Sunday, 10 May 2009

Controlling idea, premise, subject and theme, a love-sick finch and tractors in macs. Wednesday 6 May 2009.

Before workshopping our writing we thought again about what we were writing about; controlling idea, premise, subject and theme or world view. Nancy Kress and Robert McKee are the bods for this stuff and I’m seeing it in context now that I’ve tried to write a short story.
It seems so obvious, of course, but identifying your theme makes writing easier because you can choose scenes, events and imagery that reflect that word view. Oh yes.

I know it is obvious when Kress and McKee say it but most obvious things are a revelation to me. For a long time I couldn't understand why skirting-boards in other peoples' houses weren't like mine; defined by a ridged detail of sooty dust. One day I caught a friend at work with a bowl of soapy water and a scrubby cloth.

'Does everyone do that?'

'Think so'

'Do they? How often? Christ it’s all slotting into place now. Oh my goodness! Is that why other people have tidy bathroom windowsills too?'

Why is there this conspiracy of silence over helpful information just because it’s obvious?

With the Writer with the Writerly Name we workshopped our stories. No one was harshly criticised but we were palpably subdued by the end. I think we’ve realised that having the story is only the start; now we have to make that story believable and alive, and all before the end of May.

My office has recently acquired solar reflecting glass which is a bit mirrory from the outside. There were a pair of chaffinches out on the cement ledge a few days ago; a plain brown-job hen and a rosy cock (yes, yes, very funny). The male was peck, peck pecking at the window, level with our ankles, all day.

At first I though he was pecking at tiny insects. I couldn’t see any but I imagined they were only visible to the naked finch-eye, or maybe he was locating them by ultrasound or smell or radar or some other finchian special-power. Sometimes though, he really launched himself at the glass. A man visited the office for referencing advice and said the little cock wasn’t eating; he was defending his territory against his own reflection. Sure enough the little brown hen hadn’t pecked at the glass all day – I suppose I imagined she wasn’t hungry or she’d eaten a cracker-bread the day before.

The little brown hen hopped around on the ledge patiently all day whilst the battle raged. Around 4 o’clock she disappeared. The cock was still having it out with himself when I left work; his poor little face surely must have been sore and he can only have been exhausted. Eventually he’s going to have to concede his territory to his own reflection but it won’t matter by then because he was so busy scrapping that he didn’t notice his missus gone. The event felt like a parable but I’m not sure what the moral of the story is.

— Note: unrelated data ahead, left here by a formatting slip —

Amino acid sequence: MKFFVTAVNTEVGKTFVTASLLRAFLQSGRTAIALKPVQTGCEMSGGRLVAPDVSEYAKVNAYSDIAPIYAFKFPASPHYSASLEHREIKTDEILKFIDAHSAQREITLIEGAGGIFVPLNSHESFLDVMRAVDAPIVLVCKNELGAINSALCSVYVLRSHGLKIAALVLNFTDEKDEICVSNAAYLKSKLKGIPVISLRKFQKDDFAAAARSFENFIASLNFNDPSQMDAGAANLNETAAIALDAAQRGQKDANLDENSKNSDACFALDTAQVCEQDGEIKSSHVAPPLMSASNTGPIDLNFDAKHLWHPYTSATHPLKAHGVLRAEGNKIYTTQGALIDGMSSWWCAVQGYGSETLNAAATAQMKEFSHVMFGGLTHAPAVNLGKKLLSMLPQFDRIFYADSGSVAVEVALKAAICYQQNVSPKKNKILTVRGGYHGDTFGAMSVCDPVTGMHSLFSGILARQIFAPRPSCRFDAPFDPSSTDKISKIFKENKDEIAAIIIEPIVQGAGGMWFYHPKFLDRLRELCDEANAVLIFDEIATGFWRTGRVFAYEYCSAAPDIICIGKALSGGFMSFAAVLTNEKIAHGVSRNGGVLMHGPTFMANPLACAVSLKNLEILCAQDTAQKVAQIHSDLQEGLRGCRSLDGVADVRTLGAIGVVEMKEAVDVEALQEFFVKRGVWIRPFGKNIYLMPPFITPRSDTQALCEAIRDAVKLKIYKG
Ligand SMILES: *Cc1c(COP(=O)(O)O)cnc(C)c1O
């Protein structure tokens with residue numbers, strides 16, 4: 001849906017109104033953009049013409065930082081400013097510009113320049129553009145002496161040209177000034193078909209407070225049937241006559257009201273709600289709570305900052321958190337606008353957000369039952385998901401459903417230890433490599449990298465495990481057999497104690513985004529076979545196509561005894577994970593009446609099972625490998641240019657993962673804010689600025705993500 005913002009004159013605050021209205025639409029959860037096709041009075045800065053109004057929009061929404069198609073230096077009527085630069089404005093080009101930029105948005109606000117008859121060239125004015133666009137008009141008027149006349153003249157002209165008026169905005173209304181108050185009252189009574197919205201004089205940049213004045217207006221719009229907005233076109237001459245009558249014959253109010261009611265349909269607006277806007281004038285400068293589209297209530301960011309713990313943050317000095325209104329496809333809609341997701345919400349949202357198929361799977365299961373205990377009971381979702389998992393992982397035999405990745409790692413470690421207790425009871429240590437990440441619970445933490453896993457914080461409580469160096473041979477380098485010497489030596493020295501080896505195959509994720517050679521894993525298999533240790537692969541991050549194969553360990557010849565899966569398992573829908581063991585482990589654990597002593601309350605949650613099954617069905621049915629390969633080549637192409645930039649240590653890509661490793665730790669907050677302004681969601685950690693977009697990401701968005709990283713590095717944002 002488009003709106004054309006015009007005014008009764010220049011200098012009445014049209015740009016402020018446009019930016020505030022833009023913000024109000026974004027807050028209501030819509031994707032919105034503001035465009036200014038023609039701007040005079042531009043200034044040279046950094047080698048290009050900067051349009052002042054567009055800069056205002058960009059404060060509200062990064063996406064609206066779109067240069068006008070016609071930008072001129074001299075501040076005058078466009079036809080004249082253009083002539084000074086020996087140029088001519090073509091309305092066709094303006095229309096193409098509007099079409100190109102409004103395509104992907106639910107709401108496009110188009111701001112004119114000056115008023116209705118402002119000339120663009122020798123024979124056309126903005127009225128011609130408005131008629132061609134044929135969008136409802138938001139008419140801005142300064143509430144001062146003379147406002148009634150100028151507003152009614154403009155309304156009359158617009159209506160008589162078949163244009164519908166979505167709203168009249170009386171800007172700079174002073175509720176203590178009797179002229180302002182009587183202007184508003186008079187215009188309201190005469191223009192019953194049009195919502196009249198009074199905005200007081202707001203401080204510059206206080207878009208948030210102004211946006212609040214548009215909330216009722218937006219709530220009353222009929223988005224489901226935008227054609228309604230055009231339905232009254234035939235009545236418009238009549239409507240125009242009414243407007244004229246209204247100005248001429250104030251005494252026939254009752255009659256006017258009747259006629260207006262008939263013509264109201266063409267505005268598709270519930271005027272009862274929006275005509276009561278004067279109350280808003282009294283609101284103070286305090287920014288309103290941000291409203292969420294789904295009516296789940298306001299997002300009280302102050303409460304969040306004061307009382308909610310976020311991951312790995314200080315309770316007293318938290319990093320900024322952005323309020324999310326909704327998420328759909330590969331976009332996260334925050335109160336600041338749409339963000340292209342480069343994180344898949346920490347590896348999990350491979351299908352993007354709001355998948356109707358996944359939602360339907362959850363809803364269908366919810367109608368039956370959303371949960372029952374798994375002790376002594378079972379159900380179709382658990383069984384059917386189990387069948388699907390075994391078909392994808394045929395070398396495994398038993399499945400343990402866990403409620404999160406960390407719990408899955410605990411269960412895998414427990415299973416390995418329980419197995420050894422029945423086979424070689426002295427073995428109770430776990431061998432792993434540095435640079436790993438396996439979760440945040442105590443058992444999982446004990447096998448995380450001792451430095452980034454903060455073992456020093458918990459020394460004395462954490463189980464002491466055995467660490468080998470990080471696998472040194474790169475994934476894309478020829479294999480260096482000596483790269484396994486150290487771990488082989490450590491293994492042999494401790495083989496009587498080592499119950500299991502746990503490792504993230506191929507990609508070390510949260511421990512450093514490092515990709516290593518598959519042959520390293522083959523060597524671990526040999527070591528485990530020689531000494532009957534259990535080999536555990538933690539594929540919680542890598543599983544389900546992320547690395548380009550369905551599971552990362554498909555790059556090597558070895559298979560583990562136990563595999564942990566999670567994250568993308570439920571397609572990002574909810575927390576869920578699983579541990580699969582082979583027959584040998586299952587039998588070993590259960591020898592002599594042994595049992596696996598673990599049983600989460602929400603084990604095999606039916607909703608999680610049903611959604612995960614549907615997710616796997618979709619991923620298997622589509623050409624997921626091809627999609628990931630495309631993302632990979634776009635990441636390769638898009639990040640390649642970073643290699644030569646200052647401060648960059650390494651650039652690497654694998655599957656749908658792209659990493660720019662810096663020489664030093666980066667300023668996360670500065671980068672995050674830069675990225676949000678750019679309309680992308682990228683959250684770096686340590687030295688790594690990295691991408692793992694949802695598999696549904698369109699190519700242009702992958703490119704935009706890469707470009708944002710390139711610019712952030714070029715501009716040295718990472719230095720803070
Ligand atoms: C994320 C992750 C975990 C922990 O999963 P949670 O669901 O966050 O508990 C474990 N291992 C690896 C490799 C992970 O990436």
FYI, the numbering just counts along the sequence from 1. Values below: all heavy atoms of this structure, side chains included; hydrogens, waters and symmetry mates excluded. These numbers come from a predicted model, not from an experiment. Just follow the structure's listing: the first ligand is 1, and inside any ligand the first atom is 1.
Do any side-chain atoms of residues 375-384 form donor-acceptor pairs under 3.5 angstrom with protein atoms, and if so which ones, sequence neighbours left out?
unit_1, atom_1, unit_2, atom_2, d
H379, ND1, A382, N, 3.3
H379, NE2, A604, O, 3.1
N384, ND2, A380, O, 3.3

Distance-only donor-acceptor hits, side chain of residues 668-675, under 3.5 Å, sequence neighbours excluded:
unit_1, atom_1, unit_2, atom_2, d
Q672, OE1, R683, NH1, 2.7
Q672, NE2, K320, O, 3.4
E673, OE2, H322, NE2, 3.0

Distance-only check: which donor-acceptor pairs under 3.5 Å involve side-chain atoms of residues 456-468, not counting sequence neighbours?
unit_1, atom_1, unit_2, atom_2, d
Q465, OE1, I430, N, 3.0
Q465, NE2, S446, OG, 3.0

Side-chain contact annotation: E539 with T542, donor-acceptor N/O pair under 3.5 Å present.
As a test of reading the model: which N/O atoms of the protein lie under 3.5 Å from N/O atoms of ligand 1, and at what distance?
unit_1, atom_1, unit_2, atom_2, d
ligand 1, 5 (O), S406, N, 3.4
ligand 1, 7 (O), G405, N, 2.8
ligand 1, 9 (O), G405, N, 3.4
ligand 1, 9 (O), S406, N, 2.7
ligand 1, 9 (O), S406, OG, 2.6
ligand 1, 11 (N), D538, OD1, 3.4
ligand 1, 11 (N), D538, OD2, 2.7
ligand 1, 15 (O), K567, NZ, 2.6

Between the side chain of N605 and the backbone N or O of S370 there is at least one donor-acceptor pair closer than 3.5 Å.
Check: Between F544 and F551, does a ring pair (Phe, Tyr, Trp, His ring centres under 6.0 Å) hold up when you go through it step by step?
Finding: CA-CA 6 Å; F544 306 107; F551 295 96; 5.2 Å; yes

I know the photo is of a Blue Tit. I didn’t have my camera at work. I hang the bird nuts on my primeval looking monkey puzzle tree to deter squirrels who steal all of them (and demolish the bird feeder) in one go. But I feel a bit ambivalent about doing that because squirrels are only being squirrels, they didn’t be born and then think, ‘I’m going to be a pest and wreck bird feeders.’ They are just helping themselves to a yummy snack. But then blue bottles are just being blue bottles and I generally don’t feel undecided about whacking them with a rolled up copy of the Daily Mirror.

The other two photographs are of tractors wearing macs on the shore at Lytham. Very nice, very nice.


lonlonranch said...

first time I've ever felt sorry for a cock.

tee hee

I know exactly what you mean. Sometimes, when your sitting there at your computer or blank pad of paper, absolutley not writing anything, it feels like someone somewhere out there has a writing secret that you don't have, and they're not telling.

Writing a draft is hardly even half the battle. The real accomplishment is getting that blend just right. I think the answer is to try and not be too precious. Thats my problem sometimes, i trust my own subconscious too much and hope that what it writes will be what to stick with. Its better to be ruthless and cull the chaff so that the good stuff comes shining through.

Like that cock and his reflection. He's got too bogged down in letting his instincts take over that he's gone and lost his girlyfriend. Maybe he needs to stop hanging around windows...

kim mcgowan said...

Thanks David,
Your comment came at exactly the right time. A friend I trust has just looked at my first short story and suggested swingeing cuts; most of them relating to sections I'd done as part of a stylistics module, stuff I was well proud of and precious about.
Luckily I've got to the stage where I just want the writing to stop sounding juvenile, so I've culled away - you are right, she was right.
Now maybe now I need to learn to stop hanging around windows too (wouldn't see the rosy-cock then)